Tag Archives: equipment

A New Home for Our Old Tanker

After 24 years of faithful service, the Hand-in-Hand Fire Company sold the 1990 Tanker to the Vermontville Fire Department in Vermontville, Michigan, a town 30 miles southwest of Lansing. The tanker was so well maintained over the years that the Fire Company was able to recoup one-third of its original 1990 purchase price.

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Vermontville’s old tanker, which was made from an airport fuel truck, was replaced in July with our 1990 Tanker.

On July 26 the tanker was driven 600 miles to its new home in Michigan. There the Fire Department will shorten the front bumper so that it fits into their fire station. They plan to use it as a nurse tanker for the next 10-20 years. One of the last times it was used by Hand-in-Hand was at the July 12 fire at the Bird-in-Hand Family Inn.img227

New Tanker Truck Arrives March 2014

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Keeping Our Promises

Five years ago, as we were rethinking our financial planning, we promised to be responsible stewards with our community’s donations. We wanted to get our financial house in order and be better prepared for future major purchases. Now with your tremendous support, and without a major fundraising campaign, we paid cash for the new tanker. Mission accomplished!

Paid in Full

As our country went through a recession beginning in 2008, there was a major shift in financial foresight at our Fire Company. We discovered the virtue of patience. Instead of buying immediately and then always playing catch up, we chose to wait four years until we had saved all of the necessary funds to pay for the tanker in cash.

Stretching the Life of the Tanker

The life of our 1990 tanker has been extended by four years past its replacement year of 2010.  With constant checks and meticulous maintenance, the tanker has been  well maintained and has given great service. Perhaps the tanker can even find a second life in another rural community where the demands are not as great. We consider this good stewardship.

New Tanker Coming to Bird-in-Hand in Early 2014

  • A “tanker” is a fire truck that supplies water at a fire scene. It sends water to the fire trucks that actually attack the fire.
  • Our 1990 tanker is showing its age… but we have used it very successfully over the years to help squelch fires, so we are replicating its basic design!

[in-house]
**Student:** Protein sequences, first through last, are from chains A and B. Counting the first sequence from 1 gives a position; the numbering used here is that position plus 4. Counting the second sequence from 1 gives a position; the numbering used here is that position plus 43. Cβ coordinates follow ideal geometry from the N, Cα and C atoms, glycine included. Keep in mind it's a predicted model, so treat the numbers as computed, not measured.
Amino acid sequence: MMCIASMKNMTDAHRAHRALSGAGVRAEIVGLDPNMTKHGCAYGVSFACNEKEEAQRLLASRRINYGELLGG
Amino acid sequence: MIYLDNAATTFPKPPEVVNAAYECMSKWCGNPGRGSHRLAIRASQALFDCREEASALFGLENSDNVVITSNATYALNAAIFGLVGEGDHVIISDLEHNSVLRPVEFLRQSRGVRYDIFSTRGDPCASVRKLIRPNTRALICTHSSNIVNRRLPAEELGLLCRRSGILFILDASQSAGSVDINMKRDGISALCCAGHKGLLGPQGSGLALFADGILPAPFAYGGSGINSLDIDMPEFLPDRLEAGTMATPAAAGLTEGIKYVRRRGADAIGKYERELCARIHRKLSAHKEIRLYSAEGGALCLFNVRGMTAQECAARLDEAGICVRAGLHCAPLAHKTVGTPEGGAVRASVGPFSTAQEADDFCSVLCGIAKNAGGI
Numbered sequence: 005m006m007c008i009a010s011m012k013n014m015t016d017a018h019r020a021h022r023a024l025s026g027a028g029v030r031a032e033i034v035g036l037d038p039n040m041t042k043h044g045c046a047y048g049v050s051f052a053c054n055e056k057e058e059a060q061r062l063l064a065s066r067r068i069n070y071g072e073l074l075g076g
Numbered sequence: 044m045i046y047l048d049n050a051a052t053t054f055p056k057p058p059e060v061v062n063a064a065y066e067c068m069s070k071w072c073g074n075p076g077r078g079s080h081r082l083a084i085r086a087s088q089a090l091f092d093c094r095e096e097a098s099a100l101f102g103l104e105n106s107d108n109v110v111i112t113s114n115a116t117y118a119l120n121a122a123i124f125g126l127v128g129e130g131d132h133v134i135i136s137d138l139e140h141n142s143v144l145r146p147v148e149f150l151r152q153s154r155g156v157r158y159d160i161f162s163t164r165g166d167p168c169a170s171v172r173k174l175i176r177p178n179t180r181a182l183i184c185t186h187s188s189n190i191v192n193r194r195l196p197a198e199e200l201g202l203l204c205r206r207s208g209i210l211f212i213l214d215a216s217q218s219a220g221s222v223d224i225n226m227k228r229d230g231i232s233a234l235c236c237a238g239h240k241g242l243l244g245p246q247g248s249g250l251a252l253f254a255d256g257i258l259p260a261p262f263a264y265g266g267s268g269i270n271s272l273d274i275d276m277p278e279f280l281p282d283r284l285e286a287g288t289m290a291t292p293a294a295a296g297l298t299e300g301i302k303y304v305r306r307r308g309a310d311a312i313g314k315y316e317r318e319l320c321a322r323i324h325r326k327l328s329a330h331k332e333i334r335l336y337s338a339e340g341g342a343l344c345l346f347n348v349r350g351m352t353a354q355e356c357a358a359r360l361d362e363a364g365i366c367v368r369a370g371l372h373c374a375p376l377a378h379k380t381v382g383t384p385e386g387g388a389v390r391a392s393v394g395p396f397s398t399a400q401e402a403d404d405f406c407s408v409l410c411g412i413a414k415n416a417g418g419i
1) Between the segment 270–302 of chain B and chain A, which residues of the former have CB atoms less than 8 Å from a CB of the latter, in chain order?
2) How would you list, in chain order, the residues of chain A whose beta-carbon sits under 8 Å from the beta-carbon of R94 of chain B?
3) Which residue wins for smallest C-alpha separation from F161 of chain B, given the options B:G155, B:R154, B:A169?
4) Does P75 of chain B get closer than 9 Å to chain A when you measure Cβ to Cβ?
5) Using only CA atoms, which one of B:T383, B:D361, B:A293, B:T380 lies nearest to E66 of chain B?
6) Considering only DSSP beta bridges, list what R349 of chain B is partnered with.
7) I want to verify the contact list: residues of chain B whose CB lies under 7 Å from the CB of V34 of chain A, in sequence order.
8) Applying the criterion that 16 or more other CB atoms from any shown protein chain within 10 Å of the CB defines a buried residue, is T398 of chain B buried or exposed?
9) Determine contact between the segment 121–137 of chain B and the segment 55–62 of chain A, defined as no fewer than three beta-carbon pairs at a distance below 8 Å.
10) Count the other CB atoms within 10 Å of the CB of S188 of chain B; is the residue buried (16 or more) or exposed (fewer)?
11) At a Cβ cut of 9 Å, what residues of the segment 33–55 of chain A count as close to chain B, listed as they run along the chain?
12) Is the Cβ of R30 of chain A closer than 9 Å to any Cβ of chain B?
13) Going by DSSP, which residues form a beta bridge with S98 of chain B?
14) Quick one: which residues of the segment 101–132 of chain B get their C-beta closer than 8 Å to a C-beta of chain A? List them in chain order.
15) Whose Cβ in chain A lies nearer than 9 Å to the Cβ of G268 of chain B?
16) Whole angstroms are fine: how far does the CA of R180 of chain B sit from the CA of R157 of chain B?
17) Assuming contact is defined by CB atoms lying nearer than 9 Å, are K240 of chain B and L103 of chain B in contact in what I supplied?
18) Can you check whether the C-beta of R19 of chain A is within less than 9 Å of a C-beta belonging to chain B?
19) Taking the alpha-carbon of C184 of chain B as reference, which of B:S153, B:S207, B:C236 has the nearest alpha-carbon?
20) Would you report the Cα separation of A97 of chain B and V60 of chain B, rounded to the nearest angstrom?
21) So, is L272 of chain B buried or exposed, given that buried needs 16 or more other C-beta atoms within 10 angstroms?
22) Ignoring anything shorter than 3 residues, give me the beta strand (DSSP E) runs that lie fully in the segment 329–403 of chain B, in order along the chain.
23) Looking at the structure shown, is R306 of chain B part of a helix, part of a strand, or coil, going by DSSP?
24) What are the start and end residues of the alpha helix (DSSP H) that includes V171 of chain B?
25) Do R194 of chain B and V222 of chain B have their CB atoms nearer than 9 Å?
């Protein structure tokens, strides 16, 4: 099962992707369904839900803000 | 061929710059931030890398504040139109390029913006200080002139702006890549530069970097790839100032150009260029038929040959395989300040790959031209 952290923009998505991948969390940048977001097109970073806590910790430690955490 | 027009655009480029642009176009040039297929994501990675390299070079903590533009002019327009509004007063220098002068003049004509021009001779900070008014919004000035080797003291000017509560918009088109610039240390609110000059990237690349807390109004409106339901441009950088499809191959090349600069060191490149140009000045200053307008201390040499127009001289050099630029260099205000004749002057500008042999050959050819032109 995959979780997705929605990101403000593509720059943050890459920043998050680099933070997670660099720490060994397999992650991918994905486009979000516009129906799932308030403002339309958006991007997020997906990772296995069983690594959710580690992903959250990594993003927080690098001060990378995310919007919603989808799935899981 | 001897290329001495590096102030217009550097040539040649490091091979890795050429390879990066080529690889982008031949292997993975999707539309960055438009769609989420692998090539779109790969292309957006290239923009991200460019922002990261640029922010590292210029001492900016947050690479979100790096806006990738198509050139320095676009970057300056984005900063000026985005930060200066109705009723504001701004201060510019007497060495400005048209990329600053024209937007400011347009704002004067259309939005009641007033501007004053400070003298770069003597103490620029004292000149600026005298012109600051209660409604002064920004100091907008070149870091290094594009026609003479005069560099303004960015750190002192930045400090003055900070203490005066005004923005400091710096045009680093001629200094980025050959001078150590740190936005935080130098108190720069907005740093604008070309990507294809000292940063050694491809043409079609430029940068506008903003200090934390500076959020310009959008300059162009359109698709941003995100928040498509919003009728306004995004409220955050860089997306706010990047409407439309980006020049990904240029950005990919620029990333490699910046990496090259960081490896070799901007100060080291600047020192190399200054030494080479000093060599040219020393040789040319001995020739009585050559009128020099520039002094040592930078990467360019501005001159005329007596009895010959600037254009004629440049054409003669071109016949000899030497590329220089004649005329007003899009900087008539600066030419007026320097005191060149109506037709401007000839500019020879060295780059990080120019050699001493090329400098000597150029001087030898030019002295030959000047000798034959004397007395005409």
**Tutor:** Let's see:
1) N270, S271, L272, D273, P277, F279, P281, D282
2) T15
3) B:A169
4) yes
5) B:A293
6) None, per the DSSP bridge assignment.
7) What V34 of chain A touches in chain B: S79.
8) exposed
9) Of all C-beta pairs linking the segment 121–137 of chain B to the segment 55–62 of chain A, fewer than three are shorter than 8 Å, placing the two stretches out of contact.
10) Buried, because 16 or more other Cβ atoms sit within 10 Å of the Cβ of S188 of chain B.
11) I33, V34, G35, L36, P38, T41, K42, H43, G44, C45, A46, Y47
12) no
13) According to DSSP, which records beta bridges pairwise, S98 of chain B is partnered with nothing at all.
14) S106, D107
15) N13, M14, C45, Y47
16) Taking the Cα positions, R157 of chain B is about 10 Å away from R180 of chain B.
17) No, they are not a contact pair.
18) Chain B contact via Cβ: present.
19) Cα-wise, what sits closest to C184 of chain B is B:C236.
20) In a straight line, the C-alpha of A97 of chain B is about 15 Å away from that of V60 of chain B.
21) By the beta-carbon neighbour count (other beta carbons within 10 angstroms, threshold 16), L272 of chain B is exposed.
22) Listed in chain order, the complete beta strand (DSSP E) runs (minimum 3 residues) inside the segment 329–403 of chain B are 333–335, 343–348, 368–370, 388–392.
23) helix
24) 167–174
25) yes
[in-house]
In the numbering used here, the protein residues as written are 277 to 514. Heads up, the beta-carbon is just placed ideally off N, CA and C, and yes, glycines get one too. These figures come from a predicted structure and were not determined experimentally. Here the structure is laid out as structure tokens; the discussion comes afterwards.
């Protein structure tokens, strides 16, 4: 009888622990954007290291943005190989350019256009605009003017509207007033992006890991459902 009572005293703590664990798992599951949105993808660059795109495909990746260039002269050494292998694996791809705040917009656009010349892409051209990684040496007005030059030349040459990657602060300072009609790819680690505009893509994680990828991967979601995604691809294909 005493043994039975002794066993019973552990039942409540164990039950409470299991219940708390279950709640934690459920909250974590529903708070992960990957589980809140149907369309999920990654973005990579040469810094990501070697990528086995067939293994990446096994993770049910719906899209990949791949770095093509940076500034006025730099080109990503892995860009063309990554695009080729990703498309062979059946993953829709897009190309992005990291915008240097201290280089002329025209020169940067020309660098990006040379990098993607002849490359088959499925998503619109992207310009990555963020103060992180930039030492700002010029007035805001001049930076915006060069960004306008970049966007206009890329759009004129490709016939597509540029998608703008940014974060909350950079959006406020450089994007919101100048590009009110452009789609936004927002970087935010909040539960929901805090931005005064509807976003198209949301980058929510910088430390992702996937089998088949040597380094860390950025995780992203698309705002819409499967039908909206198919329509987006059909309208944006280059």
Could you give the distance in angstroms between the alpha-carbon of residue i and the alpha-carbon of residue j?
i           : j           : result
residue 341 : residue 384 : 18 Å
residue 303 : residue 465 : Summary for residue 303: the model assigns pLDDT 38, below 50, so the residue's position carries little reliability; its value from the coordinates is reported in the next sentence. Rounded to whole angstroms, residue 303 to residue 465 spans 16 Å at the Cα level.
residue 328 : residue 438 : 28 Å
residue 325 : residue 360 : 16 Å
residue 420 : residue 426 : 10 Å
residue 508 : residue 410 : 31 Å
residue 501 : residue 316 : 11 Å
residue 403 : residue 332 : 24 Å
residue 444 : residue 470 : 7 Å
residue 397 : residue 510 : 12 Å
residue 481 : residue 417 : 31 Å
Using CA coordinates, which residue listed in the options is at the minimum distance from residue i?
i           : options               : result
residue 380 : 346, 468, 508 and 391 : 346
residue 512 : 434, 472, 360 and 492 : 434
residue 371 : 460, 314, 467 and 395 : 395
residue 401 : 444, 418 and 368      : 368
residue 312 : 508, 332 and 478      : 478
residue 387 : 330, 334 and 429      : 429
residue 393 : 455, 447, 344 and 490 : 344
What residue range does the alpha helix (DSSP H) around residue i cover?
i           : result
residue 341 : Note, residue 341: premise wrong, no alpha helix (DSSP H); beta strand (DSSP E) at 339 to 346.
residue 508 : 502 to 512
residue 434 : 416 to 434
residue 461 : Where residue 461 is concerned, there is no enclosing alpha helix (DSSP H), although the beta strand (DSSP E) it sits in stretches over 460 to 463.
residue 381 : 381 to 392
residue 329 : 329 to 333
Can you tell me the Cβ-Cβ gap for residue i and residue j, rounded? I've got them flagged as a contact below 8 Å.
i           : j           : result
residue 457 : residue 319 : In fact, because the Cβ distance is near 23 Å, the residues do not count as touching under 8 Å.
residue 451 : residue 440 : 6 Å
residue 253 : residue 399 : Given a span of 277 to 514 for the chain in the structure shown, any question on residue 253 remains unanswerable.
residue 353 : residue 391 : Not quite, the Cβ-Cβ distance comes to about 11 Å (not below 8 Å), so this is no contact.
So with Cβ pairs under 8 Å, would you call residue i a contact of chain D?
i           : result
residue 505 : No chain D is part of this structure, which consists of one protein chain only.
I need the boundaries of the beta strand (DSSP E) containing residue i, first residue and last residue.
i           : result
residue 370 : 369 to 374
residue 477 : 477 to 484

• The new tanker will feature 4,000 gallons of water, a completely enclosed cab for firefighter safety and comfort, and more horsepower to conquer the hills when we assist neighboring fire companies.

Watch for an informative brochure this fall that introduces this new piece of firefighting equipment!

Fire Company Excels at Maintaining its Vehicles

A Tanker Committee (composed of Chairperson Ephraim Stoltzfus, Dan J. Fisher, Lance Watt, Christ Stoltzfus Jr., Lonnie Kauffman, Steve Petersheim, and Doug Glick) has been formed with the goal of replacing our 23-year-old Tanker 4-1 by the end of 2013. The committee members have established specifications for a new tanker and are currently evaluating bids. Since the present tanker has lasted long beyond the 20-year expected service life of fire vehicles, it is timely to explain how we maintain and care for our Fire Company vehicles.

Firefighter Lance Watt gives an average of 10 hours a month to preventive maintenance and repairs. By trade he is a forensic engineer who investigates commercial vehicle incidents that contribute to crashes and the cause of fires. Well qualified, he is a mechanical engineer, ASE certified medium- and heavy-truck technician, and a licensed inspection mechanic. At the Fire Company he has served on the Board of Directors, is a Fire Police Officer, is certified to operate all vehicles, and helps with the training and certification of new drivers.Engine

Lance’s goal is to keep our vehicles in working order and ready to respond to calls. He strives to have the mechanical equipment well maintained, fully functional, and safe at all times. This is how he maximizes their availability to respond:

  • Conducts routine monthly inspections
  • Monitors the monthly inspections conducted by other members of the Fire Company
  • Maintains maintenance records for vehicles
  • Schedules outside servicing at qualified repair facilities as needed & monitors their work
  • Updates the registration, licensing & insurance documentation on a yearly basis

One of the most important reasons to be diligent about maintaining our fleet of vehicles is safety.  According to Lance, “I have conducted investigations of fire apparatus involved in accidents and in the majority of the cases they were volunteer Fire Company units. Faulty maintenance and repairs were significant contributing factors in the crashes. That is why I will do everything I can to ensure that our vehicles are as safe as possible.”

Because of the terrific community support the Fire Company receives for our fundraisers, we are well positioned financially to properly maintain our vehicle fleet at the highest level. Our generous Bird-in-Hand community enables us to get the maximum life and service from our vehicles and stands with us when they become due for replacement.